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Govt to release sand stockpile from today

Uma Shankari
626 words
1 February 2007
Business Times Singapore
(c) 2007 Singapore Press Holdings Limited

Price set to drop to $20-$30 per tonne soon from current $40 high

(SINGAPORE) The government will release sand from its stockpile from today to make up for any immediate shortfall in the supply of building sand, it said yesterday.

The price of sand, which has climbed from about $20 a tonne last year to more than $40 a tonne yesterday, will be fixed by the government for the next few months, the Singapore Contractors Association Ltd (SCAL) said.

With the price fixing, the cost of sand is expected to drop to $20-$30 a tonne soon, before inching up gradually after a few weeks.

The announcements follow reports of work disruptions at construction sites here as the price of ready-mixed concrete climbs and supply continues to tighten after Indonesia said last week it was banning the export of land sand.

Singapore used to get almost all of its land sand, which is used to make concrete, from Indonesia. Since the ban, the price of ready-mixed concrete has jumped by about 50 per cent to about $120 per cubic metre, from about $80 per cubic metre before.

The government's stockpile is set to give the industry price and supply stability for the next few months while allowing it to make adjustments, the Building and Construction Authority (BCA) said yesterday.

For the longer term, the industry regulator is looking for new sources of sand. In the meantime, industry players are working together to come up with a cost sharing formula to help contractors and concrete suppliers hit by increased sand prices.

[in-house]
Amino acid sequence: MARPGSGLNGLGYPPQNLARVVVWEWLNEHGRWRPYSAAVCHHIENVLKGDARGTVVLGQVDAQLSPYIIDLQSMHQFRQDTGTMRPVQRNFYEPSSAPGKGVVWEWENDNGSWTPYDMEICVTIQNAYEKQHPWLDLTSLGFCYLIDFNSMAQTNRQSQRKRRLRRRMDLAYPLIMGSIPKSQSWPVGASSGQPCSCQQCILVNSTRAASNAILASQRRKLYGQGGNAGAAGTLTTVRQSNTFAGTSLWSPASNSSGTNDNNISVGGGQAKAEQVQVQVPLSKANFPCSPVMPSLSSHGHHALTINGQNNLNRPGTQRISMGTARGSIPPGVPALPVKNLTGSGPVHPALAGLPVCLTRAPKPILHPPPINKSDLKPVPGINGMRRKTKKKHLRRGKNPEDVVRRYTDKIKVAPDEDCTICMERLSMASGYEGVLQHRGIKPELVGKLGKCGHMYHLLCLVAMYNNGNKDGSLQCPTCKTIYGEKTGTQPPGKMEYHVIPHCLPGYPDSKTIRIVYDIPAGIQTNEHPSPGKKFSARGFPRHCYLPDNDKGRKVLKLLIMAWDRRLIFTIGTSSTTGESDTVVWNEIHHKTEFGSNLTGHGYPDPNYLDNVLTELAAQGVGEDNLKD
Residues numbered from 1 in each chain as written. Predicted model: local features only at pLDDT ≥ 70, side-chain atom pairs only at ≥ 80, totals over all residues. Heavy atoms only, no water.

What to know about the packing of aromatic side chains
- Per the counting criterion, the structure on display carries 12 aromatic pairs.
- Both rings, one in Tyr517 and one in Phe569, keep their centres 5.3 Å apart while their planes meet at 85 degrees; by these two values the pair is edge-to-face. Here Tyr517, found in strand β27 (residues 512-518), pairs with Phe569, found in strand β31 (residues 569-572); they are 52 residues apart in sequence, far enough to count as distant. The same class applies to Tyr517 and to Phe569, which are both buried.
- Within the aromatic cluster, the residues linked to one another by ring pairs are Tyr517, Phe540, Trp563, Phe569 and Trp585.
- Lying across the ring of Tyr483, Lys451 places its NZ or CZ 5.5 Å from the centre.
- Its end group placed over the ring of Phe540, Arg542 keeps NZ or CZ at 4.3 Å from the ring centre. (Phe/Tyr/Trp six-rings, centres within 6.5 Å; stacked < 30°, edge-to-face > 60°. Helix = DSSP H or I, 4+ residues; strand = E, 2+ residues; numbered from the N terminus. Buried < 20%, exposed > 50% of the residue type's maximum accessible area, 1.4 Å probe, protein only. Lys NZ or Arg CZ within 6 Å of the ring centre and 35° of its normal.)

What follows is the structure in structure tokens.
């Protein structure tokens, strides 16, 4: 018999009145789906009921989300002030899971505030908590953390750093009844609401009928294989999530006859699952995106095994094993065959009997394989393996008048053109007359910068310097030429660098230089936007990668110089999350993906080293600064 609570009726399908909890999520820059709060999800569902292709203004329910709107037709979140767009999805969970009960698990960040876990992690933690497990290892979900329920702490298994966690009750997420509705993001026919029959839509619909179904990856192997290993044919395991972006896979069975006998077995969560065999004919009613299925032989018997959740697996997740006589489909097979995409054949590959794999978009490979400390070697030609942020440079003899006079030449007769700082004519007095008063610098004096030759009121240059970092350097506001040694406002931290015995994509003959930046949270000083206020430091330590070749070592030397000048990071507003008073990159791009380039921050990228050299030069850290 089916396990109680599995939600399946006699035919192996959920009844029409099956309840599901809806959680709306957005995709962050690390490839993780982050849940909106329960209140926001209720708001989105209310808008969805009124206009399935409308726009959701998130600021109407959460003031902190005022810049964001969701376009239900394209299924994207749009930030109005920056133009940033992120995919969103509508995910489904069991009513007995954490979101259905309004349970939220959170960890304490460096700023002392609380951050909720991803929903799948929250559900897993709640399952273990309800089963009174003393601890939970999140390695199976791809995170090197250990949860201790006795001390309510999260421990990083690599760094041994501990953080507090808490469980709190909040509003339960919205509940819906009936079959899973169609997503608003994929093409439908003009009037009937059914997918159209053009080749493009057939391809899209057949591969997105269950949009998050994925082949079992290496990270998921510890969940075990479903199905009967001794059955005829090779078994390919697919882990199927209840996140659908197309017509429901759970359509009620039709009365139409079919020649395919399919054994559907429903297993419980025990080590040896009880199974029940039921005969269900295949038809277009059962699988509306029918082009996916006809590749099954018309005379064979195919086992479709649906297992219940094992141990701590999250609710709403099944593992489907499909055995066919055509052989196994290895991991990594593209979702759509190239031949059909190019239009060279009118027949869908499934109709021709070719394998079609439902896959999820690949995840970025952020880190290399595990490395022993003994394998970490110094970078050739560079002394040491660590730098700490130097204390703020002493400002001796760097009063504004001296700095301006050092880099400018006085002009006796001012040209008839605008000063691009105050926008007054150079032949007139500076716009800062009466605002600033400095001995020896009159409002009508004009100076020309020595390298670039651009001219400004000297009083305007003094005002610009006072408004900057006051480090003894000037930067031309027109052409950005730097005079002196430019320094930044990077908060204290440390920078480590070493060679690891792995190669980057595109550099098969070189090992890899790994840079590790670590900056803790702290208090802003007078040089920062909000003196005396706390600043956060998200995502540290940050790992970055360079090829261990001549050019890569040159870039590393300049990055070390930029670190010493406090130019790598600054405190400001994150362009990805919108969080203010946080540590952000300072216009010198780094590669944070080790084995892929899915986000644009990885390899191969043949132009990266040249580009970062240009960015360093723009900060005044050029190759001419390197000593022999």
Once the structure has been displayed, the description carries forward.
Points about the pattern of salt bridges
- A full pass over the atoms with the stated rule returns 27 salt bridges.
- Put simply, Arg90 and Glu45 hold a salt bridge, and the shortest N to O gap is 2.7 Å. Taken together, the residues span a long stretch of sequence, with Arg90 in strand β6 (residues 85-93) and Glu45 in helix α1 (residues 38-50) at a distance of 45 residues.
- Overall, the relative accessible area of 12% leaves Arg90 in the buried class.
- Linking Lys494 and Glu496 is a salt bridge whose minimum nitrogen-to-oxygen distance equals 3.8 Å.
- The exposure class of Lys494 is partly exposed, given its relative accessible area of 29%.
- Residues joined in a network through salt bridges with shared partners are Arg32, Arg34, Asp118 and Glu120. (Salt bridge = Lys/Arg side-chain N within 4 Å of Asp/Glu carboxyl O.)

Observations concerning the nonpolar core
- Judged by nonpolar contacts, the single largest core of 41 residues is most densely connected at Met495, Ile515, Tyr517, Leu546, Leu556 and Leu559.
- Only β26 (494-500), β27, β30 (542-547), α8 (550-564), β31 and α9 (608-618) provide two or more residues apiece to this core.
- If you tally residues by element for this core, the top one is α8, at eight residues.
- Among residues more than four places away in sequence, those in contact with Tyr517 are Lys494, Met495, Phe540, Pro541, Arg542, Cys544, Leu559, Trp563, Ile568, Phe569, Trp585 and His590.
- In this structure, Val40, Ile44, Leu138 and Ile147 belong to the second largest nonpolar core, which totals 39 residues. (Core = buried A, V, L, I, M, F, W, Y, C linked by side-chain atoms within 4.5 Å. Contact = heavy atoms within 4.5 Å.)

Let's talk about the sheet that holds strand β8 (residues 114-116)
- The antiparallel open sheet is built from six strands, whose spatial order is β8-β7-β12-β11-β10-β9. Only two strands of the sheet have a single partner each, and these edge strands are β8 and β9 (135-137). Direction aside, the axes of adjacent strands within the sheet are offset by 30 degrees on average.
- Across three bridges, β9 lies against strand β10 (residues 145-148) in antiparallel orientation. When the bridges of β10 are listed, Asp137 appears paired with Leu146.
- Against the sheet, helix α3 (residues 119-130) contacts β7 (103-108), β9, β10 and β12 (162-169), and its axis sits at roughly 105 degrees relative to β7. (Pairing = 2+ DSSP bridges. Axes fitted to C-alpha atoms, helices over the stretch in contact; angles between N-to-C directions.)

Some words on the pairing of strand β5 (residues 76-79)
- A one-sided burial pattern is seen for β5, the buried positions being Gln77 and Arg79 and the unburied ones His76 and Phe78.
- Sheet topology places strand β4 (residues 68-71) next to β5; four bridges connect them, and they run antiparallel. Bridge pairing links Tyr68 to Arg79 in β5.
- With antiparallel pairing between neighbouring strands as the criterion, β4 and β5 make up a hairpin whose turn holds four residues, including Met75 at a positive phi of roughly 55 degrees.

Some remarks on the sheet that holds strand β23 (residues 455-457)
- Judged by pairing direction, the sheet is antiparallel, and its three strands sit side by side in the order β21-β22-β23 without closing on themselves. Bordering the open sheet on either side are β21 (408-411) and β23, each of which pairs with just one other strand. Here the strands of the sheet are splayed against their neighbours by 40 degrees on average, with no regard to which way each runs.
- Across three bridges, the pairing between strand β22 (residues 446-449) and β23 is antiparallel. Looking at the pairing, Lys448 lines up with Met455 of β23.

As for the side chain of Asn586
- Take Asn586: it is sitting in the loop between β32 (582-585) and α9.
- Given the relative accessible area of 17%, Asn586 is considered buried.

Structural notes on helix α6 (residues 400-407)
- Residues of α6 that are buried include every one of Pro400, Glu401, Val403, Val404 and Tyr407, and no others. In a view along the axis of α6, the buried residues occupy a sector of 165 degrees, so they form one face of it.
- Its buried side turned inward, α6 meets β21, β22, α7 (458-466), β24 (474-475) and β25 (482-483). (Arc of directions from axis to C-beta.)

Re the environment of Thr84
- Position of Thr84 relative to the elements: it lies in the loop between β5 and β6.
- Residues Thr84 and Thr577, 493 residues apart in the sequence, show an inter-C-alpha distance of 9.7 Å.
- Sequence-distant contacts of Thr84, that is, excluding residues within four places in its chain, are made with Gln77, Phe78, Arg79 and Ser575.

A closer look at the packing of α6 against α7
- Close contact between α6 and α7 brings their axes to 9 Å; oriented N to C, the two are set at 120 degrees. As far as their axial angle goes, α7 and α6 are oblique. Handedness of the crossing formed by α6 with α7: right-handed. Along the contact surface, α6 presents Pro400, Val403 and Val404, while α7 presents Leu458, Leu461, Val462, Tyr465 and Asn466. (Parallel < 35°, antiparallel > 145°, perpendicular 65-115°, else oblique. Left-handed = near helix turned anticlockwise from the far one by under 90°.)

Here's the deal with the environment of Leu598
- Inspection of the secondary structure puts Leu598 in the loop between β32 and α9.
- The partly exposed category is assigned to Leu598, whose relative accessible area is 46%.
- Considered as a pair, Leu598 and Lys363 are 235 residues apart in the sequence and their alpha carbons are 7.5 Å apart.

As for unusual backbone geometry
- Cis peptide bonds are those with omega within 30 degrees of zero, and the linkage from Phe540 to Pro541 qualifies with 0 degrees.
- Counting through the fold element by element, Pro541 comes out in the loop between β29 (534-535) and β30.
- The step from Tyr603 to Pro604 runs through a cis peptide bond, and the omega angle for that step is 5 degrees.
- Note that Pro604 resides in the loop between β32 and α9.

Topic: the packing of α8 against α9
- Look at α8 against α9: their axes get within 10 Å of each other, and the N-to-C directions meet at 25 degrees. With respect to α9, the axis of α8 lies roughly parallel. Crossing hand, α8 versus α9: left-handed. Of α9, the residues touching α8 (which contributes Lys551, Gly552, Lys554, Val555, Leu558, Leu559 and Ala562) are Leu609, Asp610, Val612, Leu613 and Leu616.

Both BCA and SCAL urged developers to bear a significant part of the increased construction cost since the price rise is caused by factors beyond the control of contractors. Typically, developers lock in construction costs in the contract, which means that the burden of increased raw material costs falls almost fully on contractors.

The BCA said: 'As contractors and concrete suppliers with ongoing projects may not be contractually protected against this sudden increase in price, developers are urged to work out a cost-sharing arrangement with the contractors and concrete suppliers. Government agencies will take the lead to bear part of the increase in the cost of sand for its existing projects.'

SCAL is in favour of employers and developers bearing the greater part of the construction cost increase as construction companies are less equipped to handle price increases than developers, who are able to pass on rising costs to home-buyers.

Construction companies welcomed the release of the government's sand stock, hoping that it will bring down the price of ready-mixed concrete quickly. 'If they (the government) release the stockpile, then it will definitely help with the shortage,' said chief executive officer of construction company KSH Holdings, Choo Chee Onn,

Even with the release of the government's stock and new sand sources, sand prices will not fall to pre-ban levels. The BCA said the price of sand is expected to rise due to higher costs involved in shipping sand from distant sources. Industry players also said that the sand price fixed by the government could climb after a few weeks.

Contractors have said that sand suppliers from new sources such as the Philippines have contacted them and offered sand, but at higher prices. BT understands that industry body SCAL has asked companies to alert the organisation about any profiteering.

Construction stocks continued to take a beating yesterday, with the Singapore Exchange's Construction Equities Index shedding 16.9 points, or 3.1 per cent, to close at 531.3 points. The index has dropped some 7.6 per cent since news of the sand ban on Jan 24.